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Bowen Law School’s Response to Law Student Debt: Look, We Have A Wonderful Gym!

Updated: Apr 13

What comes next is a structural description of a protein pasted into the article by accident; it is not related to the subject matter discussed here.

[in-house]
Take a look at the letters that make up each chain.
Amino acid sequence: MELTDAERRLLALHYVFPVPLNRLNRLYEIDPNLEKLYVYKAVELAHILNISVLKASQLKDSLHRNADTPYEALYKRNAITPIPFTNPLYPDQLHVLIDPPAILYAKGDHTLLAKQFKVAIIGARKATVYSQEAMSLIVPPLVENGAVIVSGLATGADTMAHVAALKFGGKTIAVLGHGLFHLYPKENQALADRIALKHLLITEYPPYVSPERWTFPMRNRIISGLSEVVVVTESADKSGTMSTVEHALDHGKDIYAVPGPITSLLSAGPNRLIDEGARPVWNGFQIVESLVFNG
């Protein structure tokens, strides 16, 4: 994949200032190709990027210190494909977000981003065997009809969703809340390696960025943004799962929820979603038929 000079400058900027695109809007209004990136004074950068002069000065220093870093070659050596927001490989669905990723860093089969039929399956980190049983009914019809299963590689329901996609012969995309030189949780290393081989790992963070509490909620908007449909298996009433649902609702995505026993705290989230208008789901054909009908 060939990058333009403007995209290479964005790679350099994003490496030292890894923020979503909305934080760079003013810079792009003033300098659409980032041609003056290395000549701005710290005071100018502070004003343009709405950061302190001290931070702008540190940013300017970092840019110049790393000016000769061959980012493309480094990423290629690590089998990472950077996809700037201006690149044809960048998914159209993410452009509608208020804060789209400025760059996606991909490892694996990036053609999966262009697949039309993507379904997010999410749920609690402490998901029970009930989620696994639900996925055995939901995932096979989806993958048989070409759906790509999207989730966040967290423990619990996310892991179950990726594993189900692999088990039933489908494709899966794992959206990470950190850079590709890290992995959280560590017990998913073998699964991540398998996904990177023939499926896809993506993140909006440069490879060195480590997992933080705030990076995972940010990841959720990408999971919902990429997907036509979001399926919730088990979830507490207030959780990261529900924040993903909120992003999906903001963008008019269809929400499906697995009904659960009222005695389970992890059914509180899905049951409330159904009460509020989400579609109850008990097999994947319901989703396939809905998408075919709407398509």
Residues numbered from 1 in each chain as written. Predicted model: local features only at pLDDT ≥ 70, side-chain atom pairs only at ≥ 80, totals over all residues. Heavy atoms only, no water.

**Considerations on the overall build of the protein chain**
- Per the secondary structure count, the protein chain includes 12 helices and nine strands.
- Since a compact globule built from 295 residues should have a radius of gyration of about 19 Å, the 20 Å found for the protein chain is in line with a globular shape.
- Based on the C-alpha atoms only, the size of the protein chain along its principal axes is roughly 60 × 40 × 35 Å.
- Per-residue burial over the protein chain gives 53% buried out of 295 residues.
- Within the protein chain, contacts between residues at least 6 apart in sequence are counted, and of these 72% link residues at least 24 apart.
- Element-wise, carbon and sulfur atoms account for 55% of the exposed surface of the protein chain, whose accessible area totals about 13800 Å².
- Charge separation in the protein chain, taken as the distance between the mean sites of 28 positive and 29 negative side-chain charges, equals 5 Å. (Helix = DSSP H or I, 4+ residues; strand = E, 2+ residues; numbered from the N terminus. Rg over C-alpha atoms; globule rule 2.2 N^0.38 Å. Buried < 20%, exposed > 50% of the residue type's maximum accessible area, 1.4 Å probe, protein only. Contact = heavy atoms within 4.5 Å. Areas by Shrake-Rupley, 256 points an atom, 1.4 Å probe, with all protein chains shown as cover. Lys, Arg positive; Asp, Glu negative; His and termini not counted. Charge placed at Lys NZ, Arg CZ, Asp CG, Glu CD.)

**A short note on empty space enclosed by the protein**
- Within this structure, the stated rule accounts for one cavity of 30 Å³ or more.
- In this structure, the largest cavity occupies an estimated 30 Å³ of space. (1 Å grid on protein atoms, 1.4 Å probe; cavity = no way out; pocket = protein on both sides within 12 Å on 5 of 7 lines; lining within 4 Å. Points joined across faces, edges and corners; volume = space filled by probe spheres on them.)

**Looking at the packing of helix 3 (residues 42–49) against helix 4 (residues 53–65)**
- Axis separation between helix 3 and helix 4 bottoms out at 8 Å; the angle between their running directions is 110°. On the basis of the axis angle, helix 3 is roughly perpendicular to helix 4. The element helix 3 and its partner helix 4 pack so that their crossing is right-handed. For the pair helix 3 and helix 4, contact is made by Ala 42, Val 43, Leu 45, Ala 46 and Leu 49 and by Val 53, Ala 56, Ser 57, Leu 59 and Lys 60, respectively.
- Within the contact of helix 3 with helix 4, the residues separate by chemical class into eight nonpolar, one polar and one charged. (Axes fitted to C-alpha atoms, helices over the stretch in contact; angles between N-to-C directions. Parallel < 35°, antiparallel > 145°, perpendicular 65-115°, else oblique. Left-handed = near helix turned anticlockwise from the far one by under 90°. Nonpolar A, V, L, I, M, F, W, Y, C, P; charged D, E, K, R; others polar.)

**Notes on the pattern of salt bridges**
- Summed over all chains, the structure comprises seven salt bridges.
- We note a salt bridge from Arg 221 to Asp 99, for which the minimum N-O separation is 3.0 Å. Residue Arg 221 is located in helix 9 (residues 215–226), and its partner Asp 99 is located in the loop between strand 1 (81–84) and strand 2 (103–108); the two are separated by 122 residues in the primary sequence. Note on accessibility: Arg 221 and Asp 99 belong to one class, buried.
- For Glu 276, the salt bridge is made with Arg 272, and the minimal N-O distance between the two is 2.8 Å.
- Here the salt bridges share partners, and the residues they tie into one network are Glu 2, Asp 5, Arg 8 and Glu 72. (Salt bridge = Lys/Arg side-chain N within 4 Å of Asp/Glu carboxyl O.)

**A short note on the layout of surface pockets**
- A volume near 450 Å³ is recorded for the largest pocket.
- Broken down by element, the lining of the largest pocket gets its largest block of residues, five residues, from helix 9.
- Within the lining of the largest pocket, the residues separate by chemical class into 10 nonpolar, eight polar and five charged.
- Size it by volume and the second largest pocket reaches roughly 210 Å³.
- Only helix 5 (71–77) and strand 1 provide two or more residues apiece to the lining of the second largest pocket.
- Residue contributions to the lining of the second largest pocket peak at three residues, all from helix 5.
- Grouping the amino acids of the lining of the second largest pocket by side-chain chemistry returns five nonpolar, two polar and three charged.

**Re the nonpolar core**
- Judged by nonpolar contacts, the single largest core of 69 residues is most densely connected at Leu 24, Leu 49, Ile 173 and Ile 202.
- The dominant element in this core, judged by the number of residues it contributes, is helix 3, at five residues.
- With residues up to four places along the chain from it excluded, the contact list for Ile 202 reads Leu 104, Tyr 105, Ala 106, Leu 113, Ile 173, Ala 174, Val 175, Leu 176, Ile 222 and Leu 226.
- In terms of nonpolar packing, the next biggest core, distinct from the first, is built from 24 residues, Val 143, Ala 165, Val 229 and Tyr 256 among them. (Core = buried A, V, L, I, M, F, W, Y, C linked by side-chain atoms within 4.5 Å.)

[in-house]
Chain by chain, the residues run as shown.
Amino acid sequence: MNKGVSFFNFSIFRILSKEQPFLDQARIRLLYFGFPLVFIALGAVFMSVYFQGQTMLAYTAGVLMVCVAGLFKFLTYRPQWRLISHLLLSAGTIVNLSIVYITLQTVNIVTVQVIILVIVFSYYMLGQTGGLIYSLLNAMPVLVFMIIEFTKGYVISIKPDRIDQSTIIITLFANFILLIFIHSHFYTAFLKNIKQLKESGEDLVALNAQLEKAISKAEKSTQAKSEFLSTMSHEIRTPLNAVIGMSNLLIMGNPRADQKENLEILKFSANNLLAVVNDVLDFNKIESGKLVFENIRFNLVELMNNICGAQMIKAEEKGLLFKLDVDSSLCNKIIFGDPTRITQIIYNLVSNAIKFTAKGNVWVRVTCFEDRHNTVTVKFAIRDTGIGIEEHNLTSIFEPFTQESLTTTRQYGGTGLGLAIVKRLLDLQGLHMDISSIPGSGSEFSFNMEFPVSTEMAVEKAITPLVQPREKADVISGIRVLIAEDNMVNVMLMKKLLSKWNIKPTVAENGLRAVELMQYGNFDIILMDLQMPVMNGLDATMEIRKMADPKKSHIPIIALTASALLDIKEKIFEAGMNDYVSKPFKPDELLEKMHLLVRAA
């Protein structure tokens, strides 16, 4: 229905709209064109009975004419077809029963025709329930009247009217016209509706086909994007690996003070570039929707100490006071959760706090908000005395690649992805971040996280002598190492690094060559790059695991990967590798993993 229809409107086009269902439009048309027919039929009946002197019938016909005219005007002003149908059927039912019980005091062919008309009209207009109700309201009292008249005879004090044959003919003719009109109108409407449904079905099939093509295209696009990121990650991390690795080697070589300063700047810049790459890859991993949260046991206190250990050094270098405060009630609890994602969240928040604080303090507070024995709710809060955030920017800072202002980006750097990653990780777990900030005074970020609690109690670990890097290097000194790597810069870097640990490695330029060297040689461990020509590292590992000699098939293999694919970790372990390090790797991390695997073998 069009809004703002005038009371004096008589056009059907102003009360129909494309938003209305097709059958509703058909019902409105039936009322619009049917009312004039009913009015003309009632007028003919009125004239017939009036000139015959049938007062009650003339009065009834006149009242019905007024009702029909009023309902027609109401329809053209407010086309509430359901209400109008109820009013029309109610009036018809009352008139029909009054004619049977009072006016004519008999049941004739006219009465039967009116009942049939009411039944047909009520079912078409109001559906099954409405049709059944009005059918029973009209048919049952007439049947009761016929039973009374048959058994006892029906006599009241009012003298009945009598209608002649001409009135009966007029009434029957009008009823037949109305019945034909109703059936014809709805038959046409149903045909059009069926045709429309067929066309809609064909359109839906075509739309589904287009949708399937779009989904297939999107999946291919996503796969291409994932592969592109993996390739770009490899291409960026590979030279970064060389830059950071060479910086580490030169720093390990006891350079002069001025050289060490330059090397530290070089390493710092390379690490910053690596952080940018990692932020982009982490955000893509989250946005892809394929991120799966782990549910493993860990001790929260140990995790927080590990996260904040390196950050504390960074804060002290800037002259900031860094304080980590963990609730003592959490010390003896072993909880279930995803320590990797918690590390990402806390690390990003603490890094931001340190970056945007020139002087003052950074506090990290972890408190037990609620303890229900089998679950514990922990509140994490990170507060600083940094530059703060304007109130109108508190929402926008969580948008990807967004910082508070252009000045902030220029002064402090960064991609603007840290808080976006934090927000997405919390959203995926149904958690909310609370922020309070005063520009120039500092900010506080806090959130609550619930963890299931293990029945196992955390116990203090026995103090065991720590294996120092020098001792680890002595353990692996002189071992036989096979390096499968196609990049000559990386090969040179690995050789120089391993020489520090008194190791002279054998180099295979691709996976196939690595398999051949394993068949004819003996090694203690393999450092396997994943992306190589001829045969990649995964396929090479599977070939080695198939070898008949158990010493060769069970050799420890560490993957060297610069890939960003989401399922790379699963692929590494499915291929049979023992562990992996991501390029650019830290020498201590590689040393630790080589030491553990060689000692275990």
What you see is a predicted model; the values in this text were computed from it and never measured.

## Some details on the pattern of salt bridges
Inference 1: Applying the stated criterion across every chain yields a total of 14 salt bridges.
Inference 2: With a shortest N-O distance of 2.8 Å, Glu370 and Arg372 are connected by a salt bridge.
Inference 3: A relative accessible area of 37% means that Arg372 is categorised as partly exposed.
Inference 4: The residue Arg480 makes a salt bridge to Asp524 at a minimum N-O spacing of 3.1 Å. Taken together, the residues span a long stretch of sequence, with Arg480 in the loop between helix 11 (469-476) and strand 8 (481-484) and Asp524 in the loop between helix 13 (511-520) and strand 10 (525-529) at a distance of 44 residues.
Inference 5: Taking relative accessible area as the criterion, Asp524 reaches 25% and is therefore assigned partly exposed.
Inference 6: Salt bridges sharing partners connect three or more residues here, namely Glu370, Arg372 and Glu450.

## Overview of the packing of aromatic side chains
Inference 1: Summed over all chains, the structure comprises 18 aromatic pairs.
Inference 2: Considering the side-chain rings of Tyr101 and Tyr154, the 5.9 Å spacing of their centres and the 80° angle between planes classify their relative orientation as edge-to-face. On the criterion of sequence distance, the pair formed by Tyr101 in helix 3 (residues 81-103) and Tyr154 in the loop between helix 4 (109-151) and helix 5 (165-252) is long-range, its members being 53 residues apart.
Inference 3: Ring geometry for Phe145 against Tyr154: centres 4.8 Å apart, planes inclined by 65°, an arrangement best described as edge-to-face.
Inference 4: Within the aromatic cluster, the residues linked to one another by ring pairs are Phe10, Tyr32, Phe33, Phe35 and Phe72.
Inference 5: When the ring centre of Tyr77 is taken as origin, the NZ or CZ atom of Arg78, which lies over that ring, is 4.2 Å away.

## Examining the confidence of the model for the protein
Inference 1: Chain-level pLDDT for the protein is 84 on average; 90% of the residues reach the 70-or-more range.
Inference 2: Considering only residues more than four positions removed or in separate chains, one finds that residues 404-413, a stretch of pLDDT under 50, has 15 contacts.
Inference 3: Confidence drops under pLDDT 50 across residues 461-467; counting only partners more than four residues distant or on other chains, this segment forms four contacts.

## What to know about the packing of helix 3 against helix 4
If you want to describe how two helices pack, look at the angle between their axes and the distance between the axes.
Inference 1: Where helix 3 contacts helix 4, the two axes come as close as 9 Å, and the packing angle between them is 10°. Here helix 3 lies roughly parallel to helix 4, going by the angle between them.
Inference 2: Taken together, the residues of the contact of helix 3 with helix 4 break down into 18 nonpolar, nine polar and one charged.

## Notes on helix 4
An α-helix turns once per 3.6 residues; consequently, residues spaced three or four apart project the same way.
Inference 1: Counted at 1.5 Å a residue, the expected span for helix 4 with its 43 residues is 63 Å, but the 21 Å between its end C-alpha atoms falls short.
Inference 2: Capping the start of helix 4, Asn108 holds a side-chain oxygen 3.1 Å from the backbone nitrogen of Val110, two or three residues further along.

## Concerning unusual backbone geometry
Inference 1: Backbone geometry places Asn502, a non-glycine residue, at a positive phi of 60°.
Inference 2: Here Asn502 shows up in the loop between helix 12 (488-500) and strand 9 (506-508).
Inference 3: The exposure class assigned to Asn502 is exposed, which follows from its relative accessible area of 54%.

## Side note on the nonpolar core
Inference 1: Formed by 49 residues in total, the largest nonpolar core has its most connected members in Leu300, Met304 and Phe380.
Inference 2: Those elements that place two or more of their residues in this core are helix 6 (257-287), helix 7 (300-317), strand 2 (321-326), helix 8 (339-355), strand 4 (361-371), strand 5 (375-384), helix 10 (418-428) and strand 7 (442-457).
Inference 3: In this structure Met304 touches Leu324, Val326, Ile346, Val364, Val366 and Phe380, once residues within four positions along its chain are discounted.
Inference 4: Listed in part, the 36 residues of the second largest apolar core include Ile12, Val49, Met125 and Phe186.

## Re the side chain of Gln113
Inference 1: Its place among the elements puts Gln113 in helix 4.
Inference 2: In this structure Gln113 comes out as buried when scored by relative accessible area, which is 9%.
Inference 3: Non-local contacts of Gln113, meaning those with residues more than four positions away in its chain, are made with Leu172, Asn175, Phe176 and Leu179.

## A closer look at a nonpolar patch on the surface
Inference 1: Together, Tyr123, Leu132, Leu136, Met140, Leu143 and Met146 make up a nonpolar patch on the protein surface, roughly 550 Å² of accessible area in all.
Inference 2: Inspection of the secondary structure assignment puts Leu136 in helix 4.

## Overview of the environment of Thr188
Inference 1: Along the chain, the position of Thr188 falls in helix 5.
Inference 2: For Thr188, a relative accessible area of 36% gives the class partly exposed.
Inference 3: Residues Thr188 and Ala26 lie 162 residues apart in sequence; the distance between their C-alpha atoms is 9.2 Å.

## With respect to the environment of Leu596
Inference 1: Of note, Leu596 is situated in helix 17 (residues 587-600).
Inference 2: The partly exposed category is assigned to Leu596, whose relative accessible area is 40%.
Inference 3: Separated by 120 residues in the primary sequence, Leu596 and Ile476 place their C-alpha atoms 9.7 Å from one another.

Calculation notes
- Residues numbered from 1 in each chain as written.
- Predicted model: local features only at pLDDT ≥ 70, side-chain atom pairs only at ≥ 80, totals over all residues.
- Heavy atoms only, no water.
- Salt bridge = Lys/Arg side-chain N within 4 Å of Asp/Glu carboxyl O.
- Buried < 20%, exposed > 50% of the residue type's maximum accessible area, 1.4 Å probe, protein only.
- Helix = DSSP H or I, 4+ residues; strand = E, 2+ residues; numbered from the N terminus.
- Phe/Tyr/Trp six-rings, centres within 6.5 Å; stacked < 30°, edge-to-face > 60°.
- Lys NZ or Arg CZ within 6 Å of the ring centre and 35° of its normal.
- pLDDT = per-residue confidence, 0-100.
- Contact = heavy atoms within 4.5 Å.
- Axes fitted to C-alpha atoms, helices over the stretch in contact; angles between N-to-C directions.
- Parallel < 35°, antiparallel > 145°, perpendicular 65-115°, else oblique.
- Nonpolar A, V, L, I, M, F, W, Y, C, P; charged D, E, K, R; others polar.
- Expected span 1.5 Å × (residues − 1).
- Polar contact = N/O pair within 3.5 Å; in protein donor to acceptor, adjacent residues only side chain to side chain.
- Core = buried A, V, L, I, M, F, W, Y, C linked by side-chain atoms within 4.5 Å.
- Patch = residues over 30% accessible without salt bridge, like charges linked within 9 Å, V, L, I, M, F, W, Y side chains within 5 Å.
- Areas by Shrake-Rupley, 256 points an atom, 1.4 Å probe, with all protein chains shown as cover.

Attorney General Dustin McDaniel isn’t the first name that comes to mind when one thinks of physical fitness, but maybe that will change soon for Bowen Law School students — especially when they enter Bowen’s new gym: it’s partially paid for with a $100,000 “donation” of state funds which had previously been entrusted to the attorney general’s office. The new gym, which is scheduled to open soon, will be paid for from state settlement funds from a Lender Processing and National Credit Adjusters lawsuit. Although law students can already use the gym at UALR’s undergraduate campus, this additional workout facility will be conveniently located on the sixth floor of the law school building itself. Bowen Law School administrators also want to make sure you know that this “donation” is from Dustin McDaniel. They plan to do this by putting up a plaque thanking McDaniel for “making this facility possible;” the plaque will also “particularly thank the Honorable Dustin McDaniel, the 55th Attorney General of Arkansas,” according to one law school administrator’s e-mail in May. That’s a pretty good political return on investment for the act of writing a check with public funds. There’s a larger political problem here: it looks like a case of one set of public officials complimenting another just for spending state funds on projects where the benefit to the people of Arkansas is highly uncertain. It’s no secret that law schools across the country have been suffering in recent years from low enrollment numbers. Times have been particularly tough for Bowen, which has suffered a 36 percent drop in applications from last year — according to Bowen’s own documents. Is a new gym with only a few ellipticals and treadmills really a good use of funding – especially at a time when law students are graduating with extraordinary debt burdens, and with little certainty of finding a job that actually requires a law degree?   And why isn’t a law school that has already reported that it is in the red trying to balance its budget before it starts building vanity projects? Does the Attorney General and the Bowen bureaucracy really believe that ensuring that a bunch of twenty-something students and their well-paid professors have an in-house gymnasium is the highest and best use of government largesse? Maybe the money could have been used to fund scholarships for poor students to attend law school.  The Dean of the law school seemed interested in this in the past. We asked the Fayetteville law school what it is doing with the $100,000 it got from the attorney general. The Fayetteville administration was apparently stricken with an attack of good sense and fiscal responsibility: it put its $100,000 towards a “general scholarship fund to attract and retain law students from the state of Arkansas.” It doesn’t take a legal expert to know that prospective law students are likely going to be more interested in the financial-aid package the law school offers – and less interested in whether there is a $5000 elliptical or treadmill in the building. Let’s hope the folks running the Bowen Law School take a more conservative approach to spending other people’s money in the future. I’ll have more to say about the deliberations behind the gym in a few days.

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